The federal government has granted tentative approval for Vermont to establish an all-payer health care system that covers all providers. 

The draft agreement is still under legal review. If it is signed, Vermont will be the first state in the nation to adopt such a model.

The proposal calls for a statewide, risk-bearing accountable care organization, either OneCare Vermont or Vermont Care Organization, to receive payments from commercial insurers, Medicare and Medicaid. Insurers would be required to pay similar rates for beneficiaries’ health care services. The ACO would pay physicians a monthly fee based on quality of care rather than for individual services. 

The goal is to hold annual growth in health care costs to no more than 3.5 percent for five years, starting in 2018. Payments to the ACO, in turn, would increase by a weighted average of 3.5 percent annually. The state aims to have approximately 30 percent of PCPs participating in the model by the beginning of 2018 and 80 percent participating by the fifth year. 

The Green Mountain Care Board, which approves hospital budgets and insurance prices in Vermont, would oversee the ACO.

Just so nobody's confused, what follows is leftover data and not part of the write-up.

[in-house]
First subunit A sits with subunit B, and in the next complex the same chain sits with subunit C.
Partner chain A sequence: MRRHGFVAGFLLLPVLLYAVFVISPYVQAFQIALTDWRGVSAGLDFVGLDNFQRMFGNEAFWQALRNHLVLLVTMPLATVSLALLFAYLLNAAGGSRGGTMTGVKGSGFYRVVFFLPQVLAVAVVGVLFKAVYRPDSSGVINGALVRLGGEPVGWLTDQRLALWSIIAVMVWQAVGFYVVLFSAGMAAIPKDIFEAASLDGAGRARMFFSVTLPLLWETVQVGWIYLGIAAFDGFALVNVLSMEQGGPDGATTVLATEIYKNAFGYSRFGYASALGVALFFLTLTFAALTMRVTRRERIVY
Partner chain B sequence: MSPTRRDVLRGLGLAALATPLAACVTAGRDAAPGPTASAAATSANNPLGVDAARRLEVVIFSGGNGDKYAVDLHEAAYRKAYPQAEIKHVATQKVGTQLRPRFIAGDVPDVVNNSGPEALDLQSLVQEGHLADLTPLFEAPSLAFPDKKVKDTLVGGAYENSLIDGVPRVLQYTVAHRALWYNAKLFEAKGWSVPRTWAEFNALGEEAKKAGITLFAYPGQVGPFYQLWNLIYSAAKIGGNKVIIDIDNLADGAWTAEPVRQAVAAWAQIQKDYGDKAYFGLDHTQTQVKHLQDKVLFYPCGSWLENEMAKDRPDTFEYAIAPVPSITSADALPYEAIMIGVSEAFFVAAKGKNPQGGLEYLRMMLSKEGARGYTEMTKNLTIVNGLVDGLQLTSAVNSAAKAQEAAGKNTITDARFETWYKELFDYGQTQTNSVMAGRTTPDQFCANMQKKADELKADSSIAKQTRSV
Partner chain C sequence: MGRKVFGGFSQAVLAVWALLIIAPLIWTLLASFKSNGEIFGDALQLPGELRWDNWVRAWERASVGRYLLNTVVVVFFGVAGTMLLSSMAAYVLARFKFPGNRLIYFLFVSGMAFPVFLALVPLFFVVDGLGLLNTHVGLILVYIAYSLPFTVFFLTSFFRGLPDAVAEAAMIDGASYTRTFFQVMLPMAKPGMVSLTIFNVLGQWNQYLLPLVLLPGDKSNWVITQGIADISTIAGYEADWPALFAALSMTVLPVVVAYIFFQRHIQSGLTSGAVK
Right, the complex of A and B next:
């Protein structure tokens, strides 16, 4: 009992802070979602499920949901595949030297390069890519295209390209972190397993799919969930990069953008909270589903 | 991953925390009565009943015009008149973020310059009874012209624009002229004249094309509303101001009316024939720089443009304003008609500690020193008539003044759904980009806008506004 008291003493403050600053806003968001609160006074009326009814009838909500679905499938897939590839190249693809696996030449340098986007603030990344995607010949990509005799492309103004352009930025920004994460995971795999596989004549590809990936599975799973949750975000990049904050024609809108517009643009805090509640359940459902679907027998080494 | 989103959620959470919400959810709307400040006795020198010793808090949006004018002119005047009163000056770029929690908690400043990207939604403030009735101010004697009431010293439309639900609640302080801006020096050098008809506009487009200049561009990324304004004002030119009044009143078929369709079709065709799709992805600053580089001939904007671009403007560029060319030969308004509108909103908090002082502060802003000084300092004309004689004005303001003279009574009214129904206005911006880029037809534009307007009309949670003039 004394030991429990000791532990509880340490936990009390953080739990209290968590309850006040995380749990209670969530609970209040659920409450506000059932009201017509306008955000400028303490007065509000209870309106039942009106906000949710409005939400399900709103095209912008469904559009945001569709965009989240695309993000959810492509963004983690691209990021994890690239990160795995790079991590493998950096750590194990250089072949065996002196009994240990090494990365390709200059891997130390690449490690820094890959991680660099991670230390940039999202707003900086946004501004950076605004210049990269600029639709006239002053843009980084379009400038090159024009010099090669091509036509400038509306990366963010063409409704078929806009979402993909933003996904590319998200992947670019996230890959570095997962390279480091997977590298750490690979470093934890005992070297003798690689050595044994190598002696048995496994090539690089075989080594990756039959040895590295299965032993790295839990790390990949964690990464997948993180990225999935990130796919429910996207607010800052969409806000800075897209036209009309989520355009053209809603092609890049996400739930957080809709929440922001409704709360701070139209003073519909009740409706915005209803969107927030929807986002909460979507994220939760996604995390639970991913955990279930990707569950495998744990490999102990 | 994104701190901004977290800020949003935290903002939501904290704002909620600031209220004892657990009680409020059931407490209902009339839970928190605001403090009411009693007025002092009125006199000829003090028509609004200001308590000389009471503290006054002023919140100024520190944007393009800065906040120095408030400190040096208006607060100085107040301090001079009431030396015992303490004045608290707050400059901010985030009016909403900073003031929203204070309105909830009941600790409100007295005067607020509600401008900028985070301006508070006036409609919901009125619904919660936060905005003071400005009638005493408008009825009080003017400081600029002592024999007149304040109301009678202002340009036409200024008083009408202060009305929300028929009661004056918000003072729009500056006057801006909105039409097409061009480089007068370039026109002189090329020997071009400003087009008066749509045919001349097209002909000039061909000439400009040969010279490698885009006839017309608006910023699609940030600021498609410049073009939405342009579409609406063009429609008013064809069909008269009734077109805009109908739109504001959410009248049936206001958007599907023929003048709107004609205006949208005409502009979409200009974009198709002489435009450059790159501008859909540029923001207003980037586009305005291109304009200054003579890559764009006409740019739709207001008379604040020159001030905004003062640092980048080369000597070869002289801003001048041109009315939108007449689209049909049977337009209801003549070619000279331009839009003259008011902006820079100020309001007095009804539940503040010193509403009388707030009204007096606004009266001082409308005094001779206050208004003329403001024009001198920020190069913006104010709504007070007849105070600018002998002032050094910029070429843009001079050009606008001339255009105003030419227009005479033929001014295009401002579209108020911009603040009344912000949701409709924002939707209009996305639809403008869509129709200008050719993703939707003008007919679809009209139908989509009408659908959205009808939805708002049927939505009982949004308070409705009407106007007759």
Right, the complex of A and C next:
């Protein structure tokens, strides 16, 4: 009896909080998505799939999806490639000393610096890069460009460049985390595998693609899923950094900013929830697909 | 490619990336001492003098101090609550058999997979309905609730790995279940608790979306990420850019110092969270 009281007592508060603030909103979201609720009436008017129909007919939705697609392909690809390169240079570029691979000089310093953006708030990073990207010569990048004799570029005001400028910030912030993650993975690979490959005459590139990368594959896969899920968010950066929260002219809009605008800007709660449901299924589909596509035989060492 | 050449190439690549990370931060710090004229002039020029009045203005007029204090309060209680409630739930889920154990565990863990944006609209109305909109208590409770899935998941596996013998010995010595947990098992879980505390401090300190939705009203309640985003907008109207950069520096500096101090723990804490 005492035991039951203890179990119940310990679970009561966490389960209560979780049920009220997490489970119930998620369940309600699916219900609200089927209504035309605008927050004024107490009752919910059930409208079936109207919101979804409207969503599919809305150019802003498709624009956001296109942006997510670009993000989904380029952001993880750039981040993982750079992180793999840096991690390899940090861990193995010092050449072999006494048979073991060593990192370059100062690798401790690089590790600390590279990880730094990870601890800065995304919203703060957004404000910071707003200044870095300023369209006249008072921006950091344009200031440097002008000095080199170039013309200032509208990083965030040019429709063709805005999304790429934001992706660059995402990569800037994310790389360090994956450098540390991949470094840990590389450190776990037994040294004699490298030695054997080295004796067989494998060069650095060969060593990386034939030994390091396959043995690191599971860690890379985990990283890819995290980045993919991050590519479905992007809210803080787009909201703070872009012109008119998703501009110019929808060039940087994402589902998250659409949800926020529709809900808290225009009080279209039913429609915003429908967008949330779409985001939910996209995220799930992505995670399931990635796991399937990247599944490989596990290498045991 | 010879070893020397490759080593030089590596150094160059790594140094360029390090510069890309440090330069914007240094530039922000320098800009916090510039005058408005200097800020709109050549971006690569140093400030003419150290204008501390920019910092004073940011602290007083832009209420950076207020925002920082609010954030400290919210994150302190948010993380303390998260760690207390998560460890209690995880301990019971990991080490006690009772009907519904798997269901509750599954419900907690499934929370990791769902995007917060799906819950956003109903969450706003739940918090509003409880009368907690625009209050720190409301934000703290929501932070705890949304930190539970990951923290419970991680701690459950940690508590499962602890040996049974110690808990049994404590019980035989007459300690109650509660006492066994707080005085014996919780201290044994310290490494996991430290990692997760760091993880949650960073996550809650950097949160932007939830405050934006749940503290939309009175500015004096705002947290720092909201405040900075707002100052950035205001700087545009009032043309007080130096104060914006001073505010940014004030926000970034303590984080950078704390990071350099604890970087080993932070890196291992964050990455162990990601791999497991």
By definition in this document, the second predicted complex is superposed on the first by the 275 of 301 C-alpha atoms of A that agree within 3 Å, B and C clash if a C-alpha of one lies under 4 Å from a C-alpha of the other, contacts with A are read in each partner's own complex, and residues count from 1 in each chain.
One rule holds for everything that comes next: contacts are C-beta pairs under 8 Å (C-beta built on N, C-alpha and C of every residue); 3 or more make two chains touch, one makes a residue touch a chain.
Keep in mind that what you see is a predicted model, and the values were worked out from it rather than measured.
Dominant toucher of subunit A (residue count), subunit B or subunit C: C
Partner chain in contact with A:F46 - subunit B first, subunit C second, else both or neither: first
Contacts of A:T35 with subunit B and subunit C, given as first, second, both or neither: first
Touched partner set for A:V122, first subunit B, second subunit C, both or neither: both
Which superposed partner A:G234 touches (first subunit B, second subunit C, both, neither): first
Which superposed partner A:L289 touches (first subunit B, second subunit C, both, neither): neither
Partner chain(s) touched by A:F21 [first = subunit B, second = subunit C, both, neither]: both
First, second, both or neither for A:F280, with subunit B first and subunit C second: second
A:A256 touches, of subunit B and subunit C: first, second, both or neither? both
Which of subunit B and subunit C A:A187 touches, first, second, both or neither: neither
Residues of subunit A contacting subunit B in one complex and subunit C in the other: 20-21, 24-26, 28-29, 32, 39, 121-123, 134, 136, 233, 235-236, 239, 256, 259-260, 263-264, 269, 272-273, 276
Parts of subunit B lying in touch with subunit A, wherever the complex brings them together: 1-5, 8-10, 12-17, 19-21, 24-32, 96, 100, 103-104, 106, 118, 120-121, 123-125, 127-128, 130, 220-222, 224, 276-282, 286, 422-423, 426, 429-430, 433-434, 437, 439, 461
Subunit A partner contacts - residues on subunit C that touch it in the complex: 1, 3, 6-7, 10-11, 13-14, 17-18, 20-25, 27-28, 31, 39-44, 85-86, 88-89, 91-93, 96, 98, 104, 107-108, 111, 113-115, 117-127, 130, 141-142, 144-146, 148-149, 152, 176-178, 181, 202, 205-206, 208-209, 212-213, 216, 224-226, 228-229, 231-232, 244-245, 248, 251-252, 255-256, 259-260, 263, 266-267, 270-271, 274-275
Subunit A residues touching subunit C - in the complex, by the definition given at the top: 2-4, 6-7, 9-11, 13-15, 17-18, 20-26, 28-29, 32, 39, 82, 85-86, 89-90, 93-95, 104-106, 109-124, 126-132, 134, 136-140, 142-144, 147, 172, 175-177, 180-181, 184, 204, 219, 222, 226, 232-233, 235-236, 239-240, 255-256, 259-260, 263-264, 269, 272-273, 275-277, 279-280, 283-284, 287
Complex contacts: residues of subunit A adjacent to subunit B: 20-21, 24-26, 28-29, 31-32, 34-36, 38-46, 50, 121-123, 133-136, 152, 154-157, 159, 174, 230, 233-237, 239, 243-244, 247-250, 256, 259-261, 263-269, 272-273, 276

Gov. Peter Shumlin (D-Vt.) estimated that the all-payer system could save the state approximately $10 billion over a decade. 

Our Take: Governor Shumlin famously attempted to enact a statewide single-payer system known as Green Mountain Care, which after four years of wrangling, was dumped in 2014. There were good reasons for the plan’s demise—doctors, payers, employers, hospitals and just about everybody else was against it—but the main reason was cost. In 2014, Vermont collected $1.6 billion in revenue. Shumlin’s own projection was that Green Mountain Care would require an additional $2.6 billion in annual tax revenue.

Bolstered by the tentative success of some accountable care organizations, Vermont is betting that its population is small and manageable enough that it can take lessons learned from the ACO model and transfer that knowledge to a state-run program.

The problem is that it’s hard to say unequivocally that the ACO model has been a success. Only a third of the Pioneer ACOs that started in 2011 remain. Three of the 21 Next Generation ACOs launched in January have already dropped out. For every year that Medicare Shared Savings Program participants have released results, about half have gone over projected budget.

At the same time, on average, quality improves year after year. 

The larger problem, as we see it, is that we don’t yet know why some ACOs flounder and others flourish. We applaud Vermont for taking this bold step, but suggest that state officials proceed with caution.

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